Being flexible vs. breaking promises

When is changing your mind considered being flexible? When is it considered breaking a promise?

As a candidate, Hawaii Governor Neil Abercrombie promised not to raise the General Excise Tax (GET) – a tax levied on wholesale, manufacturing, and retail goods, including food and medicine. It’s an unfair, pyramiding tax that forces us to pay taxes on the taxes we pay – but that’s another issue.

Released on August 18, 2010, Abercrombie’s “Recovery and Reinvestment Plan” boldly declared, “The General Excise Tax will not be raised. Given the public’s lost confidence in government, no reasonable argument can be made to raise the GET. Government will have to make better use of the revenues that it has and grow the economy if more revenues are needed.” On September 7, 2010 in a candidate forum, Abercrombie stated, “I’m against raising the GET tax, without equivocation.” The next day in a KITV interview, he confirmed, “We’re not going to raise the GET tax.”

By March 9, 2011, Abercrombie decided that “We’ll just see what transpires.” His spokesman explained, “If a measure to raise the GET passes out of the Legislature because other elements of his plan are not adopted, he will of course consider it as the people’s will.” A week later, on March 16, 2011, Abercrombie admitted that he is “flexible” about raising the GET. His staff clarified, “Raising the rate of the general excise tax is not currently being considered” (emphasis added).

Perhaps succumbing to public criticism, on March 30, 2011 Abercrombie stated that he does not support a GE tax increase, and that we can balance the budget “All without doing the GET.” He said that a GET increase is a bad idea financially and politically – “It won’t wash with people,” he admitted.

I hesitated to write this, because Better Hawaii is focused on challenging people to find solutions, not complain about problems. But in the end, I think that it’s important and worthwhile to discuss when it’s okay to change your mind. I think it depends on whether there is new information or revised circumstances.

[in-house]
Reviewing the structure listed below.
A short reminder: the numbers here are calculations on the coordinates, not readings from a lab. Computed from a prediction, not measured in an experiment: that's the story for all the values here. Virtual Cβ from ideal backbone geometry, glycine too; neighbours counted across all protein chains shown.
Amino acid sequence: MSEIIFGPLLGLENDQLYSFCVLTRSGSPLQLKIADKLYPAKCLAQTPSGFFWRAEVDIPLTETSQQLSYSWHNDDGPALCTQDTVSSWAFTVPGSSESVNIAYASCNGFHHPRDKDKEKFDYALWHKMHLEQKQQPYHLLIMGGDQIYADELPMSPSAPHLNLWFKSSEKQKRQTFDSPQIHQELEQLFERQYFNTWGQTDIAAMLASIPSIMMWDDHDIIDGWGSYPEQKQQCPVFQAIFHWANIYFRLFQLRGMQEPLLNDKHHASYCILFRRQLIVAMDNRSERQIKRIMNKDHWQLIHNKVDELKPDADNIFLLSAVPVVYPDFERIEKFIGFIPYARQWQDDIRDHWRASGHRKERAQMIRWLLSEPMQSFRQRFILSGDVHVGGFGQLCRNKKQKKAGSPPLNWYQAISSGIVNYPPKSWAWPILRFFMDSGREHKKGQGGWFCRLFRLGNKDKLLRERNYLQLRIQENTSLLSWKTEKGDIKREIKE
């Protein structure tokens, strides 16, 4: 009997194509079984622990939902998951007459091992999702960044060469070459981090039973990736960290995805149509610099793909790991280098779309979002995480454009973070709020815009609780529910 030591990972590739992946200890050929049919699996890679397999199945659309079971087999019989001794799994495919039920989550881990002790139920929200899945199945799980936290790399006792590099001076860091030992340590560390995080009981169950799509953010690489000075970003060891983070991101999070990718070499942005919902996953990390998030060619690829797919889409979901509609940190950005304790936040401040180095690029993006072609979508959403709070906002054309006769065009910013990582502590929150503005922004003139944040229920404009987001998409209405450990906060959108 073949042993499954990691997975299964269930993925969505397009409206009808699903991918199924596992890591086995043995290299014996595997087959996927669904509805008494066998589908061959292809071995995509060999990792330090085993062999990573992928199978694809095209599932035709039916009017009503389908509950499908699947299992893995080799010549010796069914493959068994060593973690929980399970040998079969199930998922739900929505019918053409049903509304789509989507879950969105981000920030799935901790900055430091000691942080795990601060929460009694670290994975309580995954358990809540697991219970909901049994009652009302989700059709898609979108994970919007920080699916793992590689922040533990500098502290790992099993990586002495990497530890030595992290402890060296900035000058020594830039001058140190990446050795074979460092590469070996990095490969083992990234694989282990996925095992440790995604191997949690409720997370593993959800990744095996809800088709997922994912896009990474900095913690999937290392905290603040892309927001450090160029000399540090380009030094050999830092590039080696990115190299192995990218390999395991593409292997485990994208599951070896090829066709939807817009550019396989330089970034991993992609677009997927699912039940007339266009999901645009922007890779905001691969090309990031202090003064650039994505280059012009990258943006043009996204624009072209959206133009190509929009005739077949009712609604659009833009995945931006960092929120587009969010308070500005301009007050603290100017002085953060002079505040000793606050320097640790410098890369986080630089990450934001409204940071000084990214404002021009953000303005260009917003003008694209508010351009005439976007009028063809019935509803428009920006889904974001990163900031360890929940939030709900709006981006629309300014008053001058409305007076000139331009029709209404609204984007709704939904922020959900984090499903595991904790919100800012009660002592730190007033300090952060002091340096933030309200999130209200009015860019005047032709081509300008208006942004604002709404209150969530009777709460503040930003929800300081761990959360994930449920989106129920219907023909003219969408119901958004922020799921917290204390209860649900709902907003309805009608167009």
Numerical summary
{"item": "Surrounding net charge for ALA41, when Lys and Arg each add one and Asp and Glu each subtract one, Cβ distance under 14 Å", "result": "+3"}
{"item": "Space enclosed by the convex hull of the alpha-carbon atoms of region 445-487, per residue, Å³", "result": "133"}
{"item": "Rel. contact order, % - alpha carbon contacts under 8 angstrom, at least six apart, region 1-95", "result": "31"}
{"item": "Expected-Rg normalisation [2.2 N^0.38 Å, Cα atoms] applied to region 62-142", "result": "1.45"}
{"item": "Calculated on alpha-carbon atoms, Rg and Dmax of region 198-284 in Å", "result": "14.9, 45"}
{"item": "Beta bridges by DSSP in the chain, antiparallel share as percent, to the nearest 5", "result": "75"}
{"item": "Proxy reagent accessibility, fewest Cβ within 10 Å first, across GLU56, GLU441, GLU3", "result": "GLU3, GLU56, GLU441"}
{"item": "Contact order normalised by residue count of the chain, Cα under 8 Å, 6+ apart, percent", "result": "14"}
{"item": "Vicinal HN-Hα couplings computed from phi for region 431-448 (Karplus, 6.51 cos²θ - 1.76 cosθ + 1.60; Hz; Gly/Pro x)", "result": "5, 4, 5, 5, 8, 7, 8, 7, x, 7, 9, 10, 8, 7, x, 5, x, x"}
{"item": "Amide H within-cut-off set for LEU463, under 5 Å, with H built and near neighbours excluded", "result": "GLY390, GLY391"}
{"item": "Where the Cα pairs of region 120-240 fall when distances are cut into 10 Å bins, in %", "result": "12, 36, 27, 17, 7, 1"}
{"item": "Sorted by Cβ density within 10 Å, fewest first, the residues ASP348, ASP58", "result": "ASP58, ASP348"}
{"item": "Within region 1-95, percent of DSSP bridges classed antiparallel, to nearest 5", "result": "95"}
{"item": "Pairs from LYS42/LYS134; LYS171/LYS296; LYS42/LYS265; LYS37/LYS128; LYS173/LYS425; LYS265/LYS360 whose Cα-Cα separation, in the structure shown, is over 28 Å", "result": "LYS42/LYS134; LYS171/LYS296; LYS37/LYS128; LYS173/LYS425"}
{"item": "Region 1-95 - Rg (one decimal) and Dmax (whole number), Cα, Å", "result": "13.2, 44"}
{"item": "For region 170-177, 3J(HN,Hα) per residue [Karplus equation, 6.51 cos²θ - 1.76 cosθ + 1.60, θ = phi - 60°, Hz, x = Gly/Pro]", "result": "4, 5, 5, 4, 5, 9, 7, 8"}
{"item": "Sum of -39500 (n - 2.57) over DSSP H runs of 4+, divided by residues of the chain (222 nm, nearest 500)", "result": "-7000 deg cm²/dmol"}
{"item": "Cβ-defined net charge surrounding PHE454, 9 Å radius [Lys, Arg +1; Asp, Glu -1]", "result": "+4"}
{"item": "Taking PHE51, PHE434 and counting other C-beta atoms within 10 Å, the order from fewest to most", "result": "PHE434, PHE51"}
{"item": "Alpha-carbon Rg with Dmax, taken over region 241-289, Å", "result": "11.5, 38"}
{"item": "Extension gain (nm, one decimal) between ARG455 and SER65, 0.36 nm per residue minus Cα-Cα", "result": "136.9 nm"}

So what made Abercrombie re-think his stance on raising the GET?

How much new information was available? We don’t know what new information Abercrombie received as governor; we only know the information released the previous governor. But we already knew about the falling tax collections (for some reason, the government calls this “revenue”), the rising costs of sewer and road repairs, and the problem of unfunded pensions.

How has the situation (the economy) changed? Abercrombie could not have predicted the Japan earthquake and tsunami in March that has led to declining tourism, business slow-downs (for example, the Kona Village Resort has closed indefinitely), and costly repairs. But certainly, Abercrombie knew that we still have higher-than-normal unemployment, lower salaries, furloughs, and a Honolulu rail system that is on track to cost billions of dollars.

Has everything already been done to balance the budget? Abercrombie may think he has done as much as he can. But all I’ve heard about are raiding the Hurricane and Rainy Day funds and programs that Abercrombie wants to “restore.”

On this issue, raising the GET to pay for government, is Abercrombie justified in changing his mind? Do you support or oppose his “flexible” thinking? Should he have changed his mind a second time, back to his original stance?

Explore posts in the same categories: Government, Taxes

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